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Google confirms data portability for UK users - one down, five to go.

The big tech platforms designated as ‘gatekeepers’ by the European Commission are building data portability tools in the EU in response to the Digital Markets Act (DMA), with a compliance deadline looming on 7 March. This blog sets out my plans to get all those tools into the hands of UK consumers by the end of this year, and ideally with global application.

But first, a bit of praise for Google…

Google quietly brings data portability to the UK

Google has released its new data portability API into a public beta testing phase for developers. In parallel, it has published details on its user-facing support site of the associated new feature that will allow users to transfer a copy of their data to a third party.

Just as CODE has been campaigning for, Google has revealed that it will make this new feature available for users in the United Kingdom and all members of the European Economic Area (EEA). Despite the lack of fanfare, this is a huge development for competition and innovation the UK digital economy.

While some have been preparing their solutions secretively behind closed doors, or ranting about how competition is actually bad for consumers, Google has been speaking to us openly and constructively about its plans, and seemingly listening to our feedback.

We still have significant concerns about the way that all the gatekeepers (including Google) are implementing the data portability requirement of the DMA, in particular in relation to the lack of ‘continuous and real-time access’, but that’s now a conversation we are having with the European Commission.

This blog is all about geography. On this subject Google has passed with merit. It has chosen to go beyond the bare minimum, and it deserves some credit for making this positive move. Google clearly recognises the value to its users and to its ecosystem of data transfers, and I would therefore expect they will have plans in place to make the tool globally available once it has bedded in and is realistically the final product.

We look forward to continuing the positive engagement we have had with Google on this issue as our members test and provide detailed feedback on the design of the API.

Now back to complaining

Perhaps all the designated ‘gatekeepers’ will choose to follow Google’s positive example by making the tools available outside the EU. There is certainly some cause for optimism with Meta, which has also adopted a constructive approach with us. Meta already has an existing feature for transferring photos and videos to other services which is available globally. It would seem natural that any extension to the scope and capability of that tool would also have global application.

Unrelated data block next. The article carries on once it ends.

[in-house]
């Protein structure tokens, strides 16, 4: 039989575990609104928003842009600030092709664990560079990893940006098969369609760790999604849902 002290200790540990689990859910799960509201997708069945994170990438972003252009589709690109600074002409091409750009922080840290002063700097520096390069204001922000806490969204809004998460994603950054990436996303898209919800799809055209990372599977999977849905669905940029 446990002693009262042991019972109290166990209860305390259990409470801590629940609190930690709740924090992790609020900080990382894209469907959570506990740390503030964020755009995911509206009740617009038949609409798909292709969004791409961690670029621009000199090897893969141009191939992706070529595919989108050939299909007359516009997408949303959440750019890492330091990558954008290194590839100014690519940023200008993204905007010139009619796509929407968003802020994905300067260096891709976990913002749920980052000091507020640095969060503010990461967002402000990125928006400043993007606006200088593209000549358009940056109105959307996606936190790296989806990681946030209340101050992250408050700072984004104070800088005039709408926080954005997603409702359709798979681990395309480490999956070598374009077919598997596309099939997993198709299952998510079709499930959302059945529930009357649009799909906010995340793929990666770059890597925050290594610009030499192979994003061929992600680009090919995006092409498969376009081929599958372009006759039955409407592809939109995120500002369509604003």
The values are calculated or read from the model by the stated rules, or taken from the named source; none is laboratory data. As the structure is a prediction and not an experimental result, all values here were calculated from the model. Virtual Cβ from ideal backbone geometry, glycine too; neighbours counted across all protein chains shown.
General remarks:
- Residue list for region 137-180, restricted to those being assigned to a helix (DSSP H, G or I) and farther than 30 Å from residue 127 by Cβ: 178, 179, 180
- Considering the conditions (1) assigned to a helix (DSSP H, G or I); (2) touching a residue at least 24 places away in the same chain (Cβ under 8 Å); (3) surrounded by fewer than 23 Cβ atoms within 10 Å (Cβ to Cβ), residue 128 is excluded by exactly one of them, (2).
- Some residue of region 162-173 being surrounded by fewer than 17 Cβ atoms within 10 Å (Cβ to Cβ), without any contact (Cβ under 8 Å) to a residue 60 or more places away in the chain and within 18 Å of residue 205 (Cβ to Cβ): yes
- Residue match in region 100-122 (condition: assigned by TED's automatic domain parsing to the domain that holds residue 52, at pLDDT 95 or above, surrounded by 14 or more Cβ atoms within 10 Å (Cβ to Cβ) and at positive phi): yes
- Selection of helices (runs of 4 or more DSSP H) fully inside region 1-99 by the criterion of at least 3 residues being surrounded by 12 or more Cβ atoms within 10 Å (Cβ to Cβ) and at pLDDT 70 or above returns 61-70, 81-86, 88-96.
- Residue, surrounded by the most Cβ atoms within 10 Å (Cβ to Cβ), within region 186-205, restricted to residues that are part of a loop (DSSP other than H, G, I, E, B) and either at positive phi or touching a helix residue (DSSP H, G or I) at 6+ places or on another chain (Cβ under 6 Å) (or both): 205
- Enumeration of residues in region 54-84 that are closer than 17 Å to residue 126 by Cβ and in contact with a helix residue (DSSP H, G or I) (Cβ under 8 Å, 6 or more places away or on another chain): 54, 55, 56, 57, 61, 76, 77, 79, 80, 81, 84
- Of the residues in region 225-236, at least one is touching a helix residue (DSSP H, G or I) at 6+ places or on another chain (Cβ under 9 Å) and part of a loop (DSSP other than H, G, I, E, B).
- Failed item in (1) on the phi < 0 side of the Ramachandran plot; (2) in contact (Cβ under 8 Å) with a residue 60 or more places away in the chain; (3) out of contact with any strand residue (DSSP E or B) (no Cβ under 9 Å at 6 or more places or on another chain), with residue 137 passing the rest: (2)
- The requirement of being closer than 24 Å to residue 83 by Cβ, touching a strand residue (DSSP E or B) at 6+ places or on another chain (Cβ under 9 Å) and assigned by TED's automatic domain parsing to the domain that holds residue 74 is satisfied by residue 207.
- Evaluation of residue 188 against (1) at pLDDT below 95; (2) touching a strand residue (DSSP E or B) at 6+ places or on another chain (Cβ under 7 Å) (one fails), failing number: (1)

But in case some of them cynically choose to isolate their tools for EU users only, I have a plan to force the UK into the mix. The laws to support this outcome are already in place, but they have been lying dormant until other stars aligned:

  • The General Data Protection Regulation (GDPR), which gives UK data subjects the legal right to data portability through direct transfers of data from one controller to another.

  • Competition law, which prohibits abusive conduct by dominant businesses that serves to restrict competition that they face.

Enforcement of data portability has fallen into regulatory no man’s land between these laws for years now, with neither the UK’s data protection authority (the ICO) nor its competition regulator (the CMA) feeling sufficiently empowered to act within their existing legal frameworks. But from 7 March, as the big tech gatekeepers attempt to comply in some form with the Digital Markets Act, they will also unwittingly give the ICO and CMA the green light they have needed.

First though, they would need to receive a complaint. I’ve got that one covered.


GDPR and the right to data portability

The GDPR granted data subjects (or ‘people’ as I like to call them) eight rights in law. One of these, which most people are totally unaware of, is the ‘right to data portability’. This important right is enshrined in Article 20 of the GDPR which states ‘In exercising his or her right to data portability … the data subject shall have the right to have the personal data transmitted directly from one controller to another, where technically feasible.’

The supporting information in Recital 68 para 10 also confirms that ‘Where technically feasible, the data subject should have the right to have the personal data transmitted directly from one controller to another.’

Although there have been a few well-meaning initiatives over the years (by the government and some not-for-profits) to put this legal right into practice, there are very few circumstances where direct transfers of personal data from one data controller to another are supported. It is noteworthy that Open Banking, the one strong example of data portability in operation, was initially instigated by the CMA in the UK. It is rightly proud of that world-leading intervention and the global impact it is now having.